Shard of the Uttarakhand Glacier: From the Himalayas to Greenland … melting glaciers are ringing alarm bells, these cities of the world are going to sink – why are glaciers melting fast from the Himalayas to Greenland, reason the bursting of the Uttarak glaciers and these towns will be drowned

The devastation caused by the rupture of the glacier in the Rishiganga valley of the Chamoli district of Uttarakhand has once again made people think about the dangers of global warming. On Sunday, everyone was stunned by the raging shape of water in this mountainous state of India. The risk of melting glaciers from the Himalayas to Greenland continues to increase. The report of the Intergovernmental Panel on Climate Change (IPCC) indicates that the ice cover in Greenland and Antarctica has shrunk by 400 billion tonnes each year. This not only increases the possibility of sea level rise, but also increases the risk of sinking large cities in many countries. Cities that will be more affected by sea level rise include Mumbai and Kolkata in India.

Why the world’s glaciers are melting

There are approximately 200,000 glaciers in the world. With the exception of 1000 of them, the size of the remaining glaciers is very small. Glaciers are known as reserves of fresh water on earth. Unfair use of fossil fuels, greenhouse gas emissions, holes in the ozone layer are the reasons why the Earth’s glaciers are melting rapidly. The IPCC has warned that by the end of this century, Himalayan glaciers could lose a third of their snow. If pollution continues at this rate, 80% of European glaciers will also melt by 2100.

Who is most threatened by melting glaciers

Melting endangered glaciers can threaten the entire human race. Even today, most of the world’s population depends on glaciers for drinking water. Almost two billion people benefit from the water of the Himalayan glaciers. Water for agriculture also comes from these glaciers. India, Pakistan, Bangladesh, Bhutan and Nepal will be the hardest hit if water stops coming from glaciers. At the same time, there will be a famine of drinking water in Europe. Normal life can also be threatened by drought conditions.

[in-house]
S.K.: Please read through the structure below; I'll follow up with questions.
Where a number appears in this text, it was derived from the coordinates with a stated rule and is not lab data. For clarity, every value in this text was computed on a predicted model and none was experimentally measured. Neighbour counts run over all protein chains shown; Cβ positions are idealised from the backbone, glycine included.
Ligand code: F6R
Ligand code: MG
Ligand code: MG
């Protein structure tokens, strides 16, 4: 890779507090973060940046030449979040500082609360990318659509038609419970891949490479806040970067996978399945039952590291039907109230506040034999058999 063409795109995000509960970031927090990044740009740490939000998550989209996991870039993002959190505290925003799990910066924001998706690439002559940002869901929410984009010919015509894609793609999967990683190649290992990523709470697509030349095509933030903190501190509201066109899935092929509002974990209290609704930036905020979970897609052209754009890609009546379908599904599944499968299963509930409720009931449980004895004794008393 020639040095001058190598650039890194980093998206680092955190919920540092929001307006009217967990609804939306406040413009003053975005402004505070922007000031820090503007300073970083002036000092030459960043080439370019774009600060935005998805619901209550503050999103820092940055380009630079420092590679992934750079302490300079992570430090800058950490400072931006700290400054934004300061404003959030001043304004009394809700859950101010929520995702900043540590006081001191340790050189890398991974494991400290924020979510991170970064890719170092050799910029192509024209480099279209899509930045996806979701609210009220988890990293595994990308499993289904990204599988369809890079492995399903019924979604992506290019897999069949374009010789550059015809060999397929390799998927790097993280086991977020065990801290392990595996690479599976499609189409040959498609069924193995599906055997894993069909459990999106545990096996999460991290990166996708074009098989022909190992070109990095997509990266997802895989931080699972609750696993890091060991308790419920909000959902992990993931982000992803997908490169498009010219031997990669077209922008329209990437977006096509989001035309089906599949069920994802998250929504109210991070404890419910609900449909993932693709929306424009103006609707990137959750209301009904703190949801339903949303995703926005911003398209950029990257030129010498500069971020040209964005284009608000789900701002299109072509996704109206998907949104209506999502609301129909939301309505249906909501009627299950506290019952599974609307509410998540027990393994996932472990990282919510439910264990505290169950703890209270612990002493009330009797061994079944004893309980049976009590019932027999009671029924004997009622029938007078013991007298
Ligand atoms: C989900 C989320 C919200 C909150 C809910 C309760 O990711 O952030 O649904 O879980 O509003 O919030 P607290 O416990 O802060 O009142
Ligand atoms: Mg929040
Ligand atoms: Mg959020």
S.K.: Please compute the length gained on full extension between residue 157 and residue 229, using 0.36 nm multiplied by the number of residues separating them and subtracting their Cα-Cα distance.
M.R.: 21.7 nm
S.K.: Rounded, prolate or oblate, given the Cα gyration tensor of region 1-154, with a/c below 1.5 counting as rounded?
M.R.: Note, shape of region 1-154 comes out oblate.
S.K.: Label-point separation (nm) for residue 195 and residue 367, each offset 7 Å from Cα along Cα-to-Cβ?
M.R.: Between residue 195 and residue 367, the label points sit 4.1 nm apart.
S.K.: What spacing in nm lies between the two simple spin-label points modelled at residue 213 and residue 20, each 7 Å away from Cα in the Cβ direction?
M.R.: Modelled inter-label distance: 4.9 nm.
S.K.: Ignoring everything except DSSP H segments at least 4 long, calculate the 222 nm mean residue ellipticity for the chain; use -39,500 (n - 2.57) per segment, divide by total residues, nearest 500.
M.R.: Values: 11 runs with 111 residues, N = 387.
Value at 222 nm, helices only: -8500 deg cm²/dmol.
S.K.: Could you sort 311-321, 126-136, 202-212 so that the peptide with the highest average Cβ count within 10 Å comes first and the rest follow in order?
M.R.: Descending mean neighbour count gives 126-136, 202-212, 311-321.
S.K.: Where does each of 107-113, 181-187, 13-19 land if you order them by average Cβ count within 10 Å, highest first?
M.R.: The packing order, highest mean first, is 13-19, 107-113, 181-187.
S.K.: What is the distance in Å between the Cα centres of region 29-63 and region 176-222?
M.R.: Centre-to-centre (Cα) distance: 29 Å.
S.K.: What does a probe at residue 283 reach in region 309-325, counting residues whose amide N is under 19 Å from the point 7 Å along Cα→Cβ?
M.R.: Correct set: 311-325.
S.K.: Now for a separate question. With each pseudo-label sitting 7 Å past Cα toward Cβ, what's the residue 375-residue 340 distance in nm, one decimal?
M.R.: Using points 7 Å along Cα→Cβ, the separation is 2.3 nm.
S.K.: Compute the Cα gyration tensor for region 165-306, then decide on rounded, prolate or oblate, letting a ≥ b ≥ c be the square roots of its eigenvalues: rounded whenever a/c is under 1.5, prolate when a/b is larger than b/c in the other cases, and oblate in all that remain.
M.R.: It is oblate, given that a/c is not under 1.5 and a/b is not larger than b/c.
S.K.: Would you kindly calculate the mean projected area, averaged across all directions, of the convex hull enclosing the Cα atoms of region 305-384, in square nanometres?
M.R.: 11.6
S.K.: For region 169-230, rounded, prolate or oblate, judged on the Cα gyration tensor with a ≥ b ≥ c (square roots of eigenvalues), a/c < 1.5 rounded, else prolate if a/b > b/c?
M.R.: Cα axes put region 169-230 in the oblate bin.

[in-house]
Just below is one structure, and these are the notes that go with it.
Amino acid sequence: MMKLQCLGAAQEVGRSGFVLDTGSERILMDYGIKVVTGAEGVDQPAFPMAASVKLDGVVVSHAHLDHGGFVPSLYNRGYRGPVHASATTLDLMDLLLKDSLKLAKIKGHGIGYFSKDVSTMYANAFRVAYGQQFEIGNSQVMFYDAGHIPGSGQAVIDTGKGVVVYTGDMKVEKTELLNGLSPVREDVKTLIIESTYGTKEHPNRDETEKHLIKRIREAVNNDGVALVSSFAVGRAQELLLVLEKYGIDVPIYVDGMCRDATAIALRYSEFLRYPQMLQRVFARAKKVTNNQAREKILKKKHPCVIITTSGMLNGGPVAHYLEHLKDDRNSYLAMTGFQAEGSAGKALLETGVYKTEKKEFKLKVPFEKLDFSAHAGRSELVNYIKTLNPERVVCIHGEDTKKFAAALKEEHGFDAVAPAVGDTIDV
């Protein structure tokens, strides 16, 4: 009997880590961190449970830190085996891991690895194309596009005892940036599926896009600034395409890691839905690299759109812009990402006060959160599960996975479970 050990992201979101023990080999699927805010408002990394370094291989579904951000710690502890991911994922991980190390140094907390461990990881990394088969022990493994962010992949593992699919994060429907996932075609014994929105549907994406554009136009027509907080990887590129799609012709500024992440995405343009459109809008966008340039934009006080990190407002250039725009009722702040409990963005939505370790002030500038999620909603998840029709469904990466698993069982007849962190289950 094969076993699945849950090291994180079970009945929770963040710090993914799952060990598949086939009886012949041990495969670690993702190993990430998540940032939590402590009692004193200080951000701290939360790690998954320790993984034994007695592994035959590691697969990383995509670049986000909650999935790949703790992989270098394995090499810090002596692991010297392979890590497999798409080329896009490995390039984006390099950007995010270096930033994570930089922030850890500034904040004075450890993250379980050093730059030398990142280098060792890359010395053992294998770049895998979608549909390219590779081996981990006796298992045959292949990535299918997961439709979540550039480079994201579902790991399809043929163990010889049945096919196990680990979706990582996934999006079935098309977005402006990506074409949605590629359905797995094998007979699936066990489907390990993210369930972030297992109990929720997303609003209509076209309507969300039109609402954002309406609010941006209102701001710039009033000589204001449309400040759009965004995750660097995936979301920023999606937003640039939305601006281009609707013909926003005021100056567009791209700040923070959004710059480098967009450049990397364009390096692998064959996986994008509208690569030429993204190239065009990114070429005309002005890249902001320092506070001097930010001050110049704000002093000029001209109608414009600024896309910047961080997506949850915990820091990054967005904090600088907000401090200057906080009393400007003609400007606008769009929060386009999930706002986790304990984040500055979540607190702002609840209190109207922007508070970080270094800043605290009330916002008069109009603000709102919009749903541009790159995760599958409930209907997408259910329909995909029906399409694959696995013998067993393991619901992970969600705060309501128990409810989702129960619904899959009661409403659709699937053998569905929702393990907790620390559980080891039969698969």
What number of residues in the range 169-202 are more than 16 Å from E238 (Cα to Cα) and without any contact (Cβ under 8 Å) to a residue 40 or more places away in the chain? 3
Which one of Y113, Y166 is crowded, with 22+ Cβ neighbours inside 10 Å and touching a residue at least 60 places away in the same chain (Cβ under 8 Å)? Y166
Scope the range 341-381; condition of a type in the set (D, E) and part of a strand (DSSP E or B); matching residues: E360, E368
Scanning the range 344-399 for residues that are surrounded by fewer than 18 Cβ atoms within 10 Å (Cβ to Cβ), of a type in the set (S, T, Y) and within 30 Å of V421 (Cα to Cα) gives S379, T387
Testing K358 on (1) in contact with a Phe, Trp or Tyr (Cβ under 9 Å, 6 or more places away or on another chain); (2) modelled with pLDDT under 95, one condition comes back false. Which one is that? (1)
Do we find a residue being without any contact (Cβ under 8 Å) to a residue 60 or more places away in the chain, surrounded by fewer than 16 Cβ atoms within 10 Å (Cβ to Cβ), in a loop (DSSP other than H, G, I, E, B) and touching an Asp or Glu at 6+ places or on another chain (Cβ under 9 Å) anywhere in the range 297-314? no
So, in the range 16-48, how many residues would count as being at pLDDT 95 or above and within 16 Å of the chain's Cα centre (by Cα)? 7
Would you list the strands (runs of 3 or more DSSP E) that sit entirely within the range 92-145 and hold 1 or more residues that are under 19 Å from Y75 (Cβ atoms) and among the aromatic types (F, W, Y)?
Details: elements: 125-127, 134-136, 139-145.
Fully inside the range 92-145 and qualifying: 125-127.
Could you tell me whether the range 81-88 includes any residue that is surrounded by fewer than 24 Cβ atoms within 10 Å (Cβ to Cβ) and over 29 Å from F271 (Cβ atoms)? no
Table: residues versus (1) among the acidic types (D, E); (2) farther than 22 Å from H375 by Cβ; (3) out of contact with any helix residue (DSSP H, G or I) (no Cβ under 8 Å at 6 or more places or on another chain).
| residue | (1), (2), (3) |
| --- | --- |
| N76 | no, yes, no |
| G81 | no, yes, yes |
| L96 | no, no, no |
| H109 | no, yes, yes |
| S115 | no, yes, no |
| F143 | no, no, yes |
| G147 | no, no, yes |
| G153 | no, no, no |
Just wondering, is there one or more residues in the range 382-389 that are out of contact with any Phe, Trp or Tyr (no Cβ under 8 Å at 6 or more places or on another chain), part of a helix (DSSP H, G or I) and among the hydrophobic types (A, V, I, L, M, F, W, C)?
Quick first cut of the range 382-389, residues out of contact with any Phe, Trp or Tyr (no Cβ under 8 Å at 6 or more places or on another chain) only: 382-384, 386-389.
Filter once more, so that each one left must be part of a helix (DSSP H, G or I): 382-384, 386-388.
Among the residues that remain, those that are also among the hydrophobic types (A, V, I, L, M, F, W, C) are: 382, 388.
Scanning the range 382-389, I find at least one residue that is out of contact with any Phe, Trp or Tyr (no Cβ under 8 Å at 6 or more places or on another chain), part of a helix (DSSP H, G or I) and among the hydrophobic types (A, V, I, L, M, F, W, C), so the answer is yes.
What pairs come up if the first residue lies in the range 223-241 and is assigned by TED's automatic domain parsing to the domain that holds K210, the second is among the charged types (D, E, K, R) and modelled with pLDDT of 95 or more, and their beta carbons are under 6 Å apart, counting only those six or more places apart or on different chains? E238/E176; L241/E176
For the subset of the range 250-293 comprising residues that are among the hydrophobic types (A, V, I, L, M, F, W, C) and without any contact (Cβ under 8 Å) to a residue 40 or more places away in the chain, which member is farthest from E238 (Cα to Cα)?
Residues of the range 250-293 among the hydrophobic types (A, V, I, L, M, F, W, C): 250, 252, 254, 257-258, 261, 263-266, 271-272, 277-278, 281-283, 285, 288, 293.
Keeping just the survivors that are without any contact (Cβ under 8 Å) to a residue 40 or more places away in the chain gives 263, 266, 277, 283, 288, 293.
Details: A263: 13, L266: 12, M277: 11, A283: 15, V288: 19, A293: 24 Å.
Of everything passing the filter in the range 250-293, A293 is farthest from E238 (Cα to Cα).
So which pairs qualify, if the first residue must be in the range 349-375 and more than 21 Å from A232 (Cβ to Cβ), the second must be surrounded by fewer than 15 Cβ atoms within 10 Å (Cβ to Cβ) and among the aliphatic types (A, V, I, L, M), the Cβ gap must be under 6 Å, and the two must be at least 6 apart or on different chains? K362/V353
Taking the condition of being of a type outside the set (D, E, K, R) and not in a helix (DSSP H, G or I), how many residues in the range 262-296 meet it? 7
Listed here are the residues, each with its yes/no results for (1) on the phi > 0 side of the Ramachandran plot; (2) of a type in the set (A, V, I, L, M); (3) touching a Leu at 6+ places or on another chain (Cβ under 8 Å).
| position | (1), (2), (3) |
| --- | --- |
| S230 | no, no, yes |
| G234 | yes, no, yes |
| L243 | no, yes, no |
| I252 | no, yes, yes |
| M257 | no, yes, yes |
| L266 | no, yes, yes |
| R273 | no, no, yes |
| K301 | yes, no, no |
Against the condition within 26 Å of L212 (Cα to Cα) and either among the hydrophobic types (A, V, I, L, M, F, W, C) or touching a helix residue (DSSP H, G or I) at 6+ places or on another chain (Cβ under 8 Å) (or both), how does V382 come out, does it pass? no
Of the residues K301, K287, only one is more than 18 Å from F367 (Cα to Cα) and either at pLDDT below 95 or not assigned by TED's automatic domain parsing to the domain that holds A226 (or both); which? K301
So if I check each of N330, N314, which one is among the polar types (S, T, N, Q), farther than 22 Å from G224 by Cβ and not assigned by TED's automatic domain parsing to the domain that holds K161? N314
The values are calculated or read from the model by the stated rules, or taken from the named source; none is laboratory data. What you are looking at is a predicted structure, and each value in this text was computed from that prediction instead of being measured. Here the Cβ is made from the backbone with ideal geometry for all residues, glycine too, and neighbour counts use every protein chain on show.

This image of the glacier’s death has been discussed

The Okjokull Glacier, one of the oldest glaciers in Iceland, ceased to exist in 2019 itself. Images of this destruction were also very viral on social media. Even then, scientists attributed climate change and greenhouse gas emissions to it. However, the voice of these scientists could not reach the ears of the largest countries affecting the environment. Scientists even say that we have polluted the environment so much that now things have got out of hand. Even if we reduce greenhouse gas emissions today, it will still take at least 200 years to normalize.

Which cities in India are most threatened

The United Nations warned in the Global Environment Report that by 2050, many Indian cities could be threatened by sea level rise. It also includes major cities like Mumbai and Kolkata in India. According to this report, around 4 million people in India could be affected. Also according to a NASA report, the rapid melting of glaciers in Greenland and Antarctica has revealed that the Gradient Fingerprint Mapping Tool (GFM) will have a major impact on Mangalore.

These countries of the world are in danger

The sea level is set to rise due to the melting of glaciers. According to the GEO-6 report (The Global Environment Outlook), the capital of Indonesia is Jakarta, the Maldives, Guangzhou and Shanghai in China, Dhaka in Bangladesh, Myanmar in Yangon, Thailand in Bangkok and Vietnam in Ho Chi Minh-Ville and Hai Fong will be the most affected. Some Australian researchers have claimed that between 1870 and 2004, the seawater level rose by 19.5 centimeters. His research published in Geophysical Research Letters indicated that between 1990 and 2100, the level of sea water could drop from 9 centimeters to 88 centimeters.

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